Swedish Stew (Kalops)

Kalops is a traditional Swedish stew, first recorded in the 18th century. The word kalops itself is a cognate with the English word collops, which simply means “a slice of meat” – there’s actually some dispute as to whether the Swedish or English word came first. Either way, this stew is very similar to many English stews, but with a few Scandinavian twists: its signature flavor comes from a healthy amount of allspice, and it is commonly served with pickled beets. When carrots are added, the dish is called Skånsk Kalops, referring to the Skåne region (which is in Southern Sweden – perhaps carrots grow most abundantly there?).

Kalops is most often prepared with chunks of beef, but reindeer or elk are used as well. Personally, I thought it would be neat to make it with bison chuck roast, which US Wellness Meats recently sent me to try. It was pretty awesome. Overall, I loved this stew, and its characteristic allspice-heavy flavor gave it a warm, hearty, and very distinct taste.


Serves six

2 lbs chuck roast (beef, bison, reindeer), sliced into 1″ chunks
1/4 tsp each salt and pepper
2 tbsp ghee or coconut oil
2 yellow onions, diced
2 cloves garlic, diced
1/2 tsp ground allspice (~10 whole berries, ground)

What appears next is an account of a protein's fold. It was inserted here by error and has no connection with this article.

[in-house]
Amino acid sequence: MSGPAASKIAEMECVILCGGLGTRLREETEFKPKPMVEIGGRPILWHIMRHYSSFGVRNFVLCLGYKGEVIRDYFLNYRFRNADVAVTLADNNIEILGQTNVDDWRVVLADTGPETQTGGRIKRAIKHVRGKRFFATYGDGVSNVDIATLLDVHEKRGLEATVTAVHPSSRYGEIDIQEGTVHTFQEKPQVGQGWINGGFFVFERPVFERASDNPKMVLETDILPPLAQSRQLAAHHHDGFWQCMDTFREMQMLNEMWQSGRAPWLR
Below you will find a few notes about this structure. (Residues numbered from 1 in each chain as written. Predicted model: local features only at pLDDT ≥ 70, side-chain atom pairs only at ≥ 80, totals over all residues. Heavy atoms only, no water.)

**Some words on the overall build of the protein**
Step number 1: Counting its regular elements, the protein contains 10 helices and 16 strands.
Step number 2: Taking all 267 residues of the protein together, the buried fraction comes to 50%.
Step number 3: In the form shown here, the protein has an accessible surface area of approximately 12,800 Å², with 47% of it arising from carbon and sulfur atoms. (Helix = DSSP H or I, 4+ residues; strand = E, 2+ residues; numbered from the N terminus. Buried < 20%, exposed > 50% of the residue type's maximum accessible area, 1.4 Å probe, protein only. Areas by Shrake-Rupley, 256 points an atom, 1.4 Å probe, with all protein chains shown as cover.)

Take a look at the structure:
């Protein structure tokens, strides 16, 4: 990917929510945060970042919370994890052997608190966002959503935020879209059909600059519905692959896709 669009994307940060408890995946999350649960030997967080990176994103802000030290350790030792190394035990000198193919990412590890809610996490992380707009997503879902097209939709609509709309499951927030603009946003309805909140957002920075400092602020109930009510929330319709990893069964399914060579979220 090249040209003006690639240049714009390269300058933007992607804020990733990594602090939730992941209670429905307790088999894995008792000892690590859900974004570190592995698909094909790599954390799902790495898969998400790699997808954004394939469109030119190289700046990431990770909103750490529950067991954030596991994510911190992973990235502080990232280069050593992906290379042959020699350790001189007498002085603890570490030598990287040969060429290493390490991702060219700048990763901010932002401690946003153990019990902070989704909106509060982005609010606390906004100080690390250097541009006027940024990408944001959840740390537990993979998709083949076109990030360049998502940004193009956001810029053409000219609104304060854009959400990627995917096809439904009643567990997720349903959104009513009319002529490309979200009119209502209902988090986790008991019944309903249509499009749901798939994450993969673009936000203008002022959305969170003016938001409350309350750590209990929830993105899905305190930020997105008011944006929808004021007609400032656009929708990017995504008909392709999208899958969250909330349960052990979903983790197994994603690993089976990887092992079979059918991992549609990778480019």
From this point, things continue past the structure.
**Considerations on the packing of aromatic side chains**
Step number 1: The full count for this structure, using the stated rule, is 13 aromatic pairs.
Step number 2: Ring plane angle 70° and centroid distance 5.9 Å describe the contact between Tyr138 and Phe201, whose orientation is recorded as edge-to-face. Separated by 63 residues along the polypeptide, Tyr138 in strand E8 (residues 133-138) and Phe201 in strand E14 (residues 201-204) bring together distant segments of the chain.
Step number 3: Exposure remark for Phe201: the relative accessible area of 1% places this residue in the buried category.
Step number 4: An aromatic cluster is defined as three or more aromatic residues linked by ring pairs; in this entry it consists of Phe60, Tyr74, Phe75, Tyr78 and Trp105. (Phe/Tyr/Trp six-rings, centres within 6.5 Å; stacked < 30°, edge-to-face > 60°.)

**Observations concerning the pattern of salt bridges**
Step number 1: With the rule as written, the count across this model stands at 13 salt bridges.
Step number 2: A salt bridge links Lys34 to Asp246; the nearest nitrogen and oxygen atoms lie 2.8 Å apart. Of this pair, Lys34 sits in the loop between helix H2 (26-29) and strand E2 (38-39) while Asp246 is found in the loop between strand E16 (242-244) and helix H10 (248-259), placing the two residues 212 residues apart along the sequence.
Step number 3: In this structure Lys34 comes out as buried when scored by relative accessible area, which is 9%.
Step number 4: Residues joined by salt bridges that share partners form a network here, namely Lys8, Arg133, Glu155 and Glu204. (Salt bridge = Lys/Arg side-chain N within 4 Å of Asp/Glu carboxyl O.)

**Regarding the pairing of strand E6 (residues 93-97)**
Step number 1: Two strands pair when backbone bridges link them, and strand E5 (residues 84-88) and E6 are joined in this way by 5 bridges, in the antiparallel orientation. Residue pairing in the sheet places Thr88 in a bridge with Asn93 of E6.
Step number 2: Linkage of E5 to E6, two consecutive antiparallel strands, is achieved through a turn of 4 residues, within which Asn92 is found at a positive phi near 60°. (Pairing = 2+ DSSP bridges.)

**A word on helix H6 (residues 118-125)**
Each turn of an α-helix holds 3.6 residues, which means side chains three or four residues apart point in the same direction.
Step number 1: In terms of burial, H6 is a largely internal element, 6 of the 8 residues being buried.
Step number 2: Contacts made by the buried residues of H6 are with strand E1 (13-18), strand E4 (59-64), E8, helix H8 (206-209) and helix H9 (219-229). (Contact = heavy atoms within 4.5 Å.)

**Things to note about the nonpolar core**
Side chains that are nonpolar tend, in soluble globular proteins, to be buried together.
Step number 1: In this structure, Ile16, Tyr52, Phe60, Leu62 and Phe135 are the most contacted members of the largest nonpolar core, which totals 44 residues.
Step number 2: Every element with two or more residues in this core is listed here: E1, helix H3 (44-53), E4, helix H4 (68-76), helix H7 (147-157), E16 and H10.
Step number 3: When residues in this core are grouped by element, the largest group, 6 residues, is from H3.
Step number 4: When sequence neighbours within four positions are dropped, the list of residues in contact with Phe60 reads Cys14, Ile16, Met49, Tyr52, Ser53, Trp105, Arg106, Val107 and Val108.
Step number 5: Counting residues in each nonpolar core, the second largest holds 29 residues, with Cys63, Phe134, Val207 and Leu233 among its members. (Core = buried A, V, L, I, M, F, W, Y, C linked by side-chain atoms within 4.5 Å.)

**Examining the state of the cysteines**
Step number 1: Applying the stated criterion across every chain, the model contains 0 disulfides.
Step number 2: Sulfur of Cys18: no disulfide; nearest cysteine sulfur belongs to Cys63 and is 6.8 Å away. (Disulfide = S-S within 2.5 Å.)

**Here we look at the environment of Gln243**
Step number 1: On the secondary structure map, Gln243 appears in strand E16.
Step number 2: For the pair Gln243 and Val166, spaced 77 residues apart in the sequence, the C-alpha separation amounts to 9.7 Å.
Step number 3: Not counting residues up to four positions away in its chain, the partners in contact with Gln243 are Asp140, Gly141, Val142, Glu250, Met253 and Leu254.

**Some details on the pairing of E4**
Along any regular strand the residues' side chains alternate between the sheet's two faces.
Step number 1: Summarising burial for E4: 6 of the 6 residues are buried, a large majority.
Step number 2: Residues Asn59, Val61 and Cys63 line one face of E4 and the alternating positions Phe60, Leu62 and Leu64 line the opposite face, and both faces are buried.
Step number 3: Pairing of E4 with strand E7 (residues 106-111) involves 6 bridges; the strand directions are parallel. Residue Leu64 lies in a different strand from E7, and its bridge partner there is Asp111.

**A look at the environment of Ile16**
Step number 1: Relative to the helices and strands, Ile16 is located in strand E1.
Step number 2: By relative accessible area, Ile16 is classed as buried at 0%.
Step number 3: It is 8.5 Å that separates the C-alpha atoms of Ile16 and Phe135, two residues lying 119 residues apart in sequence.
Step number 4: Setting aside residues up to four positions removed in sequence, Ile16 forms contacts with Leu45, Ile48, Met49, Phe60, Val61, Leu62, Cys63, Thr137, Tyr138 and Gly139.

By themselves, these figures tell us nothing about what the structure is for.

3 bay leaves
4 cups beef broth

4 carrots, peeled and cut into 1″ pieces
4 russet potatoes, peeled and cut into 1 1/2″ chunks
1 tsp fresh parsley, chopped
pickled beets as accompaniment

I don’t have a pickled beets recipe posted (yet!), but it doesn’t take much: some beets, salt, and water left in a jar for a few days will work perfectly. Here is a quick and easy recipe, or you could make them according to my Kabees El Lift recipe. You can often find jars of fermented beets in health food stores that are either sugar-free or low in sugar.

To prepare your meat, slice it into 1″ chunks, and season it with the little salt and pepper.

Preheat your oven to 325 degrees. Warm a dutch oven on medium/high heat with ghee/oil added, about three minutes. Add the roast and brown, in batches (it took me three batches total), being careful not to overcrowd the dutch oven. Should take about six minutes per batch. Remove and set the browned meat aside.